Commentary: Reacting to Criticism
Martin G. Collins
Given 06-Feb-21; 13 minutes
Today, many politicians use a strategy of destroying their opponents by criticizing them in a demeaning way. Many in the press demean people—just look at the headlines in some of the well-known newspapers, or the stories on some of the news channels. Critical people make rude comments, judge our decisions, talk at length about what we’re doing wrong, and rarely have anything positive to say. If we are not careful, this can influence us. Look at this nation: It is suffering from a critical standpoint; it is a critical society, and a critical mood permeates, it seems, everything today.
Sadly, we all have said something, at one time or another, about someone, or heard something said about us that was not very complimentary. How should we handle and react to such derogatory comments and complaints about us? There will be plenty that come against the church as well.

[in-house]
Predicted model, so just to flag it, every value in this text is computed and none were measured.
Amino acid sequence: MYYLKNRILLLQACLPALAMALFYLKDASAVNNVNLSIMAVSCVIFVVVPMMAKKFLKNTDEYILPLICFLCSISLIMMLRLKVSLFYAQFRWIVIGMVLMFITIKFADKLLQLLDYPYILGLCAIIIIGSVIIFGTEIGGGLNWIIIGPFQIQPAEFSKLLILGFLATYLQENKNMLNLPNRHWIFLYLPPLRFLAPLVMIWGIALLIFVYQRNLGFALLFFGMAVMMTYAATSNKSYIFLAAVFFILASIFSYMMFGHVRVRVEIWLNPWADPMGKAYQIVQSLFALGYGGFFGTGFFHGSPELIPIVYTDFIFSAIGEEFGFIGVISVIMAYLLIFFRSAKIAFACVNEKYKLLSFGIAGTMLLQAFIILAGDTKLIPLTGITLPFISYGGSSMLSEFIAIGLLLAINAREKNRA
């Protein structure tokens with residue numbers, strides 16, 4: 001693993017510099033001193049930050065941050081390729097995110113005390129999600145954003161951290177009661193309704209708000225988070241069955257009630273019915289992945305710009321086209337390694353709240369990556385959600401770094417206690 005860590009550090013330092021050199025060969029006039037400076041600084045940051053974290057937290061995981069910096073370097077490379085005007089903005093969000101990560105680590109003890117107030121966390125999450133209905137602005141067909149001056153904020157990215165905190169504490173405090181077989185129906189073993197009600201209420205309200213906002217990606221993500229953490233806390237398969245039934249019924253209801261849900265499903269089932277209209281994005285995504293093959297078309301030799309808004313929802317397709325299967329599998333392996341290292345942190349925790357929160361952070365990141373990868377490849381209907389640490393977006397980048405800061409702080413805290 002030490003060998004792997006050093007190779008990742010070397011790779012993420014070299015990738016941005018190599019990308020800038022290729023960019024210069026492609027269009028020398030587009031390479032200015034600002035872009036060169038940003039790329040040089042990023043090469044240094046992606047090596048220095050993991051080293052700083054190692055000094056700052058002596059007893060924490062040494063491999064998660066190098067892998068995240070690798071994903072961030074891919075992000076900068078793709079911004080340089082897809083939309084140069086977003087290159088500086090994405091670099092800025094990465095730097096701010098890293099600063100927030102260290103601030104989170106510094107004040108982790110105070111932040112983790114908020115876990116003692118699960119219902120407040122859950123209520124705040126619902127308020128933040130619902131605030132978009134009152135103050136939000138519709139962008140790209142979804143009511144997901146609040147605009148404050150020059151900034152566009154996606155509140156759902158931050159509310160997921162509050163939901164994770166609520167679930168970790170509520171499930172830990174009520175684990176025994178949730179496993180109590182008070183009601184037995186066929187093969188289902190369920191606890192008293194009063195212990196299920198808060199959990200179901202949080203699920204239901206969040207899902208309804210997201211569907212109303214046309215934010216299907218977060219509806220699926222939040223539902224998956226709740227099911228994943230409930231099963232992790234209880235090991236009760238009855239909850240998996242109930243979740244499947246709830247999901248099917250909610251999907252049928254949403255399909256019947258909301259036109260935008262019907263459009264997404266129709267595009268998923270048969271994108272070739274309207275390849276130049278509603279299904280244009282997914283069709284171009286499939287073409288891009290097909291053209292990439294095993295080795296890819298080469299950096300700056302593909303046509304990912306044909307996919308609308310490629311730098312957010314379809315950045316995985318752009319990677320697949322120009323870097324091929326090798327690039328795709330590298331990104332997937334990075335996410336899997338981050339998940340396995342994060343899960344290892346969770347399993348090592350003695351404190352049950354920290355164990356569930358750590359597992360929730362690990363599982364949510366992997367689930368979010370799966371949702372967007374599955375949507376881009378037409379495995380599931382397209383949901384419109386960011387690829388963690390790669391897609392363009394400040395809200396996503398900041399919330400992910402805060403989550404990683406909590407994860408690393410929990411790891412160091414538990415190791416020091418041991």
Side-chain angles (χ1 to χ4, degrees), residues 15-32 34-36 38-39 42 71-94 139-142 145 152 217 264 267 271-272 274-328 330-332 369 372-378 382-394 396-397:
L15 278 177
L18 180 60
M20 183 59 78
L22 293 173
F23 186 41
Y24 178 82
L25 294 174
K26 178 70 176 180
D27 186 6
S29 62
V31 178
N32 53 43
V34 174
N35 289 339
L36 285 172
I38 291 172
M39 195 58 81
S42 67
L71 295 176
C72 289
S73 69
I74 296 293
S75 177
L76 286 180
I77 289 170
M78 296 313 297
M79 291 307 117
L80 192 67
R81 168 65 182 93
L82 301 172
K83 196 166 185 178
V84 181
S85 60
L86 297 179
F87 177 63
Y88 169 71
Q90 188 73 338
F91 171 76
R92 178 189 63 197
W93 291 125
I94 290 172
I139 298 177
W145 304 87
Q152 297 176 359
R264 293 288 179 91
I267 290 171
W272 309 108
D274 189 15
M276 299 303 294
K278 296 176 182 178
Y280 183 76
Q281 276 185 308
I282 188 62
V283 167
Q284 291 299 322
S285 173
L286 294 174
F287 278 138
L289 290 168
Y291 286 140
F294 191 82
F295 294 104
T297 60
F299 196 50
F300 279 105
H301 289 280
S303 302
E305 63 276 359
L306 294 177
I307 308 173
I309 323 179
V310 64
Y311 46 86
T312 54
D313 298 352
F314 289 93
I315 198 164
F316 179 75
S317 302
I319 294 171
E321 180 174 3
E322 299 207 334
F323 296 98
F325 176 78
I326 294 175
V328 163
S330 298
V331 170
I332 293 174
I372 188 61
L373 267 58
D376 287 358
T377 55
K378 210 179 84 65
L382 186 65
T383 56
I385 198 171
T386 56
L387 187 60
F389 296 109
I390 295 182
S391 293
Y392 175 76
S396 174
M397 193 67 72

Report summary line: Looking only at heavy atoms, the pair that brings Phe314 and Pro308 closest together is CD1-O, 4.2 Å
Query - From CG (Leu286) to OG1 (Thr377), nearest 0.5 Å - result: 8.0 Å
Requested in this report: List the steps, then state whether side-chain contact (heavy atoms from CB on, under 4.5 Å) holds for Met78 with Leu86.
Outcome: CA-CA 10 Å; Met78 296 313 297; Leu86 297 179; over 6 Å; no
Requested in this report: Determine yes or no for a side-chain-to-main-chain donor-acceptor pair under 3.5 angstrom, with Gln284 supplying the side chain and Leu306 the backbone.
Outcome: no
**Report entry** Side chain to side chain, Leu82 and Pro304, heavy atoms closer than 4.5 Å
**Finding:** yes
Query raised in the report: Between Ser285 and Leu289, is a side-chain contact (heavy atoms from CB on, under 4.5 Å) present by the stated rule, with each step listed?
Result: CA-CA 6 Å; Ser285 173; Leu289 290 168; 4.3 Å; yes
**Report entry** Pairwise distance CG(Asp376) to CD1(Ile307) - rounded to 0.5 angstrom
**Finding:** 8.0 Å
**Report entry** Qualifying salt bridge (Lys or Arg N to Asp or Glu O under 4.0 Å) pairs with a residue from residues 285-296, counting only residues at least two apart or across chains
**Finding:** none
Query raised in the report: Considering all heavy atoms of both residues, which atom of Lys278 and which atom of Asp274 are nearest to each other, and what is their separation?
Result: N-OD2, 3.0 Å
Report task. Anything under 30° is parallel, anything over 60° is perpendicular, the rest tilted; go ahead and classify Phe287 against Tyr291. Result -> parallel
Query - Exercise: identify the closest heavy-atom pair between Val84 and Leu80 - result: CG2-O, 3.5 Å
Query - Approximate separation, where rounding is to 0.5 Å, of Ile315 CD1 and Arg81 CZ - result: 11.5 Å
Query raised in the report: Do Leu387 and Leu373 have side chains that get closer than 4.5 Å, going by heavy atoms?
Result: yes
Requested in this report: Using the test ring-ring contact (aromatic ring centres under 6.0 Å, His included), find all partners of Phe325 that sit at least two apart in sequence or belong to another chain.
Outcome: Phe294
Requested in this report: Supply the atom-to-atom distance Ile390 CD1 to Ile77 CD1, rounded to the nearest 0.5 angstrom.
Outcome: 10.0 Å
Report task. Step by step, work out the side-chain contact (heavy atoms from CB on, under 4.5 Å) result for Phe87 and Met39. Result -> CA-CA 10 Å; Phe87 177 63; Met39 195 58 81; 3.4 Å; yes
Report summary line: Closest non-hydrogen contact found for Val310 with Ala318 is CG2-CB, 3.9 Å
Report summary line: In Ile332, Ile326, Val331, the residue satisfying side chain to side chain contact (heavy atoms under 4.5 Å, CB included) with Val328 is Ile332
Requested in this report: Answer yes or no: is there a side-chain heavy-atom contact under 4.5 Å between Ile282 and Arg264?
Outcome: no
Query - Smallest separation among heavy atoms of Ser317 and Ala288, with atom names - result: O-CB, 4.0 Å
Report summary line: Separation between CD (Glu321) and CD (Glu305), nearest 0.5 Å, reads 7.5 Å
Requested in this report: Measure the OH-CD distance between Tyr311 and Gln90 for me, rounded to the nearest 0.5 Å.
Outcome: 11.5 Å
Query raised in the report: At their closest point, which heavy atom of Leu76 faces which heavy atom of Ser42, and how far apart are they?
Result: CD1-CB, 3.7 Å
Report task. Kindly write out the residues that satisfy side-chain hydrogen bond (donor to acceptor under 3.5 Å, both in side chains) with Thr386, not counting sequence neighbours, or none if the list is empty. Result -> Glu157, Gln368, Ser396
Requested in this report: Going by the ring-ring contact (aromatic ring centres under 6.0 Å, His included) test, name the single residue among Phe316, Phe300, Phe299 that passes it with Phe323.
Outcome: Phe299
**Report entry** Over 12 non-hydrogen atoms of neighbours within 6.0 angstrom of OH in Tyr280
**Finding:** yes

Abraham Lincoln, the 16th President of the United States, made the following comment regarding the many critical remarks made about him while President:
If I were to try to read, much less answer, all the attacks made on me, this shop might as well be closed for any other business. I do the very best I know how—the very best I can; and I mean to keep doing so until the end. If the end brings me out all right, what is said against me won’t amount to anything. If the end brings me out wrong, ten angels swearing I was right would make no difference.
Solomon has something to say regarding comments made about us:
Ecclesiastes 7:20-22 For there is not a just man on earth who does good and does not sin. Also do not take to heart everything people say, lest you hear your servant cursing you. For many times, also, your own heart has known that even you have cursed others.
The Expositor’s Bible Commentary has a comment about this passage that I think is worthwhile:
. . . wickedness refers to a general way of life in which acts of sin are the norm. Here, however, righteousness is the settled way, though sins certainly occur and need to be repented of. The godly person should be genuine and sincere. He should not listen to gossip, especially if he is hoping to hear himself criticized or cursed especially by those who can observe him closely, such as his servant. An old saying is that “no man is a hero to his valet.” The criticism may not be deserved, but again it may be. At any rate, it is a reminder that at some time everyone has been guilty of critical gossip.